Bank of Scotland has bought Wimpy the UK burger chain in a secondary management buyout totalling GBP15 million. The deal provides an exit from a 12-year old investment by 3i, Bridgepoint Capital and Lloyds TSB Development Capital. Bridgepoint reports a return of more than three times the money invested on this deal, its eighth exit this year.
Bank of Scotland’s Integrated Finance team provided both debt and equity for the new transaction. John Davison, who leads Wimpy’s management team, said: “I am delighted to be working with Bank of Scotland. They have been involved with us since 3i led the original buyout in 1990 and this latest move cements the relationship even further.”
Once owned by United Biscuits, Wimpy was sold to Grand Metropolitan (now part of Diageo) in 1989. Grand Metropolitan converted some of the sites into Burger King outlets and then sold the remaining 220 table service restaurants to three of the company’s directors, led by Max Woolfenden, for GBP10 million in April 1990.
Founded in 1954 Wimpy now operates 300 restaurants, making it the largest independently owned, franchised restaurant chain in the UK and Ireland. Outlets include table service restaurants, express units found in leisure and shopping centres and motorway service areas and a recently launched chicken fast food chain called Dr Beaks.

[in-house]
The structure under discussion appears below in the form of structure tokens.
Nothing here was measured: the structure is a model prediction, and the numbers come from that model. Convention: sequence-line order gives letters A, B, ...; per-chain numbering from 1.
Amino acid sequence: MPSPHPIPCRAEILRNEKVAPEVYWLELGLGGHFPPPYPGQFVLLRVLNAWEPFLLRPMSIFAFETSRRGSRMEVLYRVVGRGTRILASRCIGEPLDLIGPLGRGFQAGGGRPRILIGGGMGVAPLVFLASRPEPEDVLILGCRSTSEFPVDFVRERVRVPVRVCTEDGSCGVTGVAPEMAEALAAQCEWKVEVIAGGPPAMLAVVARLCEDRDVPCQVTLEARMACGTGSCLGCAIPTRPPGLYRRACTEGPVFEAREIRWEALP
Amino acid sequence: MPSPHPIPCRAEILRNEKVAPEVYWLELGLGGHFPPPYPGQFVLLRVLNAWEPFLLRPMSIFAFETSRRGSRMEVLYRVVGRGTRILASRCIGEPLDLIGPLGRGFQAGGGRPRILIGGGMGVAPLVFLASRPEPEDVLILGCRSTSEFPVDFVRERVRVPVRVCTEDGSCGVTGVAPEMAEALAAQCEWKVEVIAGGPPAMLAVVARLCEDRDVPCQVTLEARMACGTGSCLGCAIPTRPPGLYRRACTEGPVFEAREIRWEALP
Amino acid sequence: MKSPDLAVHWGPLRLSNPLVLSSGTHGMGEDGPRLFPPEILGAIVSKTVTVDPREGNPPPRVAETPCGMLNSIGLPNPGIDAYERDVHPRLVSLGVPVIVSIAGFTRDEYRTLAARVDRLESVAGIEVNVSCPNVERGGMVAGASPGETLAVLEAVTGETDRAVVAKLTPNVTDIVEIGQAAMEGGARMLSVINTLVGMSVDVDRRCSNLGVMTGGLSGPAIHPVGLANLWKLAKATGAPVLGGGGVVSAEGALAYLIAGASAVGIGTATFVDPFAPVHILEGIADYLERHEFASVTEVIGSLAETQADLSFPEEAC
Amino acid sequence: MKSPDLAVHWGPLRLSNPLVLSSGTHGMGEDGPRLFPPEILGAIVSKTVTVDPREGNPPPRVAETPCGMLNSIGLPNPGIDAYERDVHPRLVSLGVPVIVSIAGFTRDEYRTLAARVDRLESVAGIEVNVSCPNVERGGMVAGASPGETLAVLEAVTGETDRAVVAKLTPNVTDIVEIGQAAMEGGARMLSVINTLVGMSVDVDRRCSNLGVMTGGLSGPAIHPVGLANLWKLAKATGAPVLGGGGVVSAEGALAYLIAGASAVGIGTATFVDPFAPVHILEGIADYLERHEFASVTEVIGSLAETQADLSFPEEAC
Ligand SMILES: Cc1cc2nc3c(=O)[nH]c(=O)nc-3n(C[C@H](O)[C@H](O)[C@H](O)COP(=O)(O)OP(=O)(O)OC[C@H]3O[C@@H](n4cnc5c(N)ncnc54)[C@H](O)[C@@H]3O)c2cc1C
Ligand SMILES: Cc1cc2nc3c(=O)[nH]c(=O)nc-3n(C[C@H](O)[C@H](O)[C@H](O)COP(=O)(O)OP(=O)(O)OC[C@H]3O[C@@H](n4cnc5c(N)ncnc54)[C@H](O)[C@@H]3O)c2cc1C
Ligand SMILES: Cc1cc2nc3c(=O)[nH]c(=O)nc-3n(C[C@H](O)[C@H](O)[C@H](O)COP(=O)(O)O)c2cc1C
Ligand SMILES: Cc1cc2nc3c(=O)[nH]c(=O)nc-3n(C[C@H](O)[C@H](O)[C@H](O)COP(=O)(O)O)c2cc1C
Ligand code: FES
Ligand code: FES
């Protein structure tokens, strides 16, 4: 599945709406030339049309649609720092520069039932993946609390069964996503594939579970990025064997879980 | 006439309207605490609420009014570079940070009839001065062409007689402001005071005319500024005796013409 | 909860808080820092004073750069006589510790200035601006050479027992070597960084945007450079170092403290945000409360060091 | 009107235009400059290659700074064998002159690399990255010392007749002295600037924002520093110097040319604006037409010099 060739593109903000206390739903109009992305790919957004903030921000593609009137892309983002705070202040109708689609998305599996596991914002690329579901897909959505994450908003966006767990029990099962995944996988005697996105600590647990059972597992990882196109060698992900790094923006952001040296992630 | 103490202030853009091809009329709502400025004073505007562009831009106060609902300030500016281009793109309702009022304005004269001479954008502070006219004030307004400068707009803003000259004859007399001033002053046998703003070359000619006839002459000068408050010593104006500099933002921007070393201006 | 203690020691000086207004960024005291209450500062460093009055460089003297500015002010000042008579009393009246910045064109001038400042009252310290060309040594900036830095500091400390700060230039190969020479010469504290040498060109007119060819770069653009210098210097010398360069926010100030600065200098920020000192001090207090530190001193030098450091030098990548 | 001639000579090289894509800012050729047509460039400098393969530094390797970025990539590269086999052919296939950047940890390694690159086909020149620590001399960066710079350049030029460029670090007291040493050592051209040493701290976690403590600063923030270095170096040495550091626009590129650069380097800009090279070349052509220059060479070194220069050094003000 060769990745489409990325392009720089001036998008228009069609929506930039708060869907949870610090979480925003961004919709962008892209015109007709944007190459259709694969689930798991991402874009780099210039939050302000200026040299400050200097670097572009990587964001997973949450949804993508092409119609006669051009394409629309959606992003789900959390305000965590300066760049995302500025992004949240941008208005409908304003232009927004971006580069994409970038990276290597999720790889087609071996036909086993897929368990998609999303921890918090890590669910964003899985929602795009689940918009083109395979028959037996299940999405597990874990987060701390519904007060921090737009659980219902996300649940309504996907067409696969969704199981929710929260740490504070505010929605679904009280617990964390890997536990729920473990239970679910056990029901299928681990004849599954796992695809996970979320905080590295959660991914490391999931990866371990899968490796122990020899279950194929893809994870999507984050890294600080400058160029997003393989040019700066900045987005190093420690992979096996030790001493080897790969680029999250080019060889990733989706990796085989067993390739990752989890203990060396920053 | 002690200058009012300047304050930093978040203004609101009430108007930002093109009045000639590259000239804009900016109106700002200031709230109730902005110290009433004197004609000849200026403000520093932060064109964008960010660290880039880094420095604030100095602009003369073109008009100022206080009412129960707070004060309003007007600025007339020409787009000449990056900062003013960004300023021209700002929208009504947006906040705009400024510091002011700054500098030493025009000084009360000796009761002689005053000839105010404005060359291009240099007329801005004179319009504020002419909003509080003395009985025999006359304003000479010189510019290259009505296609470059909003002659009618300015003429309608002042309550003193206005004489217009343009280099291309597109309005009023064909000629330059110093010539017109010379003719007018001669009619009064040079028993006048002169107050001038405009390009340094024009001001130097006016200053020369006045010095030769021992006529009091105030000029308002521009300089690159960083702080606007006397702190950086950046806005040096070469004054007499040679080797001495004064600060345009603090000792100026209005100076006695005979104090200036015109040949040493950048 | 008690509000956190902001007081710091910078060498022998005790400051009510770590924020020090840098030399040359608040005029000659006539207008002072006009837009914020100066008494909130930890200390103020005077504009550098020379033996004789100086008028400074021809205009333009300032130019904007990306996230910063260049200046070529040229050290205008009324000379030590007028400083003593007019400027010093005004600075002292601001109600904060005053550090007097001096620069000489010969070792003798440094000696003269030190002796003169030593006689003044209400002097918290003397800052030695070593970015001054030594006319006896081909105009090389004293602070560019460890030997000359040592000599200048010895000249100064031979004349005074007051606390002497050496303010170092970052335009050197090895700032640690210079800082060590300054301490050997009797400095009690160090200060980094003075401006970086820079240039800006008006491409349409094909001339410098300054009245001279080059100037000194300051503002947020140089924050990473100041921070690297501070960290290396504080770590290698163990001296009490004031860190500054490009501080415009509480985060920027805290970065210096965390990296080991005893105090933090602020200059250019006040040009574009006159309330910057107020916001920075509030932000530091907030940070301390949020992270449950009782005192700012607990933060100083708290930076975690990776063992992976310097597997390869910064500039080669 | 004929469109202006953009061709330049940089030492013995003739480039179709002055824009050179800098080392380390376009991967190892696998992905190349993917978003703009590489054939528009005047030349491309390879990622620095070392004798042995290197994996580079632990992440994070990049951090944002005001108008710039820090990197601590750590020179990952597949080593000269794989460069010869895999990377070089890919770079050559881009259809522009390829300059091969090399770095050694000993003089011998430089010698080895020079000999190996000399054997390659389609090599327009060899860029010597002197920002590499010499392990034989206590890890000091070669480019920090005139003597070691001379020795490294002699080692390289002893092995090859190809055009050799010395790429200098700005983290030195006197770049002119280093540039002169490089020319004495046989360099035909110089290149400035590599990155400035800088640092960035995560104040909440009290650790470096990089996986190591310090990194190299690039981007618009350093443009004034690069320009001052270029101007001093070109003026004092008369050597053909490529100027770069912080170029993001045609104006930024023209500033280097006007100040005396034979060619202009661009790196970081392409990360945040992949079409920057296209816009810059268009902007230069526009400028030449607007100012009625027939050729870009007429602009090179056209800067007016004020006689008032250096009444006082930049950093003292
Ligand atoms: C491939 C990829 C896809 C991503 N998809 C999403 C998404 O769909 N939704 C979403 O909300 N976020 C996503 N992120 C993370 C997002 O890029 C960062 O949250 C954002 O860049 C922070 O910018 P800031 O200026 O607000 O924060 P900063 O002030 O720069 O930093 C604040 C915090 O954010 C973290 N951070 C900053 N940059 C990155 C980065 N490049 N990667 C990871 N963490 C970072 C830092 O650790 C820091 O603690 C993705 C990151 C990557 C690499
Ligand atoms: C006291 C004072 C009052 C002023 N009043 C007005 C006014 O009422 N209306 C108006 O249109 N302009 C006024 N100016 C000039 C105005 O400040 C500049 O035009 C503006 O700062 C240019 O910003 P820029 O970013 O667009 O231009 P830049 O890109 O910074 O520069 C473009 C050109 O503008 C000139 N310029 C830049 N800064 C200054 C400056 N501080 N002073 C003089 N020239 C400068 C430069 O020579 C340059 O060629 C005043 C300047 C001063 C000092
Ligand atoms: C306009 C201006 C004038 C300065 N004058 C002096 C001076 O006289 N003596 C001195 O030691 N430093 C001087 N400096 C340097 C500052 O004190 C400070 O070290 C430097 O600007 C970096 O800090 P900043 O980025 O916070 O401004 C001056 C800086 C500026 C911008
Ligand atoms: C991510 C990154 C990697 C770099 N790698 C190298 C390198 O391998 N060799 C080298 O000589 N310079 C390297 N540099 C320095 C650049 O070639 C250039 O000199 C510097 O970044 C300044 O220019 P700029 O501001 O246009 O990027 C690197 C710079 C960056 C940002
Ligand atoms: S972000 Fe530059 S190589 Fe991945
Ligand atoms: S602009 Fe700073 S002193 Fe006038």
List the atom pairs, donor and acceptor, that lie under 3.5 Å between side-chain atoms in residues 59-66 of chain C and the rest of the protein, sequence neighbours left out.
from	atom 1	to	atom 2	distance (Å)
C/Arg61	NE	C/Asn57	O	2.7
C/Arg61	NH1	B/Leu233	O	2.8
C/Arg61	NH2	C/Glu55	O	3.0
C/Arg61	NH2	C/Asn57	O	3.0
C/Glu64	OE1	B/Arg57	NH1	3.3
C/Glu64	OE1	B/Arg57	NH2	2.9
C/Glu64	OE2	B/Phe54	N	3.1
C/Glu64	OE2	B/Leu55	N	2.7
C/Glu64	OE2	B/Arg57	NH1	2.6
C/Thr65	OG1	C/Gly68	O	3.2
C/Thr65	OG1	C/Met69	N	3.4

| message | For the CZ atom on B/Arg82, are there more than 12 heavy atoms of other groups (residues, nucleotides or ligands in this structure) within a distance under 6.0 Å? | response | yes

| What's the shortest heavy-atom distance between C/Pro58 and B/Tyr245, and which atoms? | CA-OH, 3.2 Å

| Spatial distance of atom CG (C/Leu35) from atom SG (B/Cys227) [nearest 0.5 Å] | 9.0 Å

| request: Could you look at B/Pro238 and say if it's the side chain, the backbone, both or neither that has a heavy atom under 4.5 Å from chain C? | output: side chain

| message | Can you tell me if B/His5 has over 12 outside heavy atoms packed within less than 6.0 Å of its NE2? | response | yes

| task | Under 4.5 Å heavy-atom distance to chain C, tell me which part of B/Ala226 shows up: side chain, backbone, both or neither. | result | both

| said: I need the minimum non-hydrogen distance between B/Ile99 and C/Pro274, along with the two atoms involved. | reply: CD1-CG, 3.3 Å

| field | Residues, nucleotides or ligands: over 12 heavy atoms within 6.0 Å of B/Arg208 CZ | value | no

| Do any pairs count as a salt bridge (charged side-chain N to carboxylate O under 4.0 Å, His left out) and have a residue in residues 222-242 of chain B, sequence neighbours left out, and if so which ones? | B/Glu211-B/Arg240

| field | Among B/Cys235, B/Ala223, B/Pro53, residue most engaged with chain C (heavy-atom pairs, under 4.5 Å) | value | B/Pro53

Rival chain Burger King is also currently the subject of private equity interest, with Texas Pacific Group, Goldman Sachs, Bain Capital, The Blackstone Group, Thomas H Lee, Madison Dearborn Partners, Apax Partners and Hicks, Muse, Tate & Furst all reportedly interested in the company. Listed British company Diageo, which can expect to get between $2 billion and $2.3 billion for the business, is selling Burger King.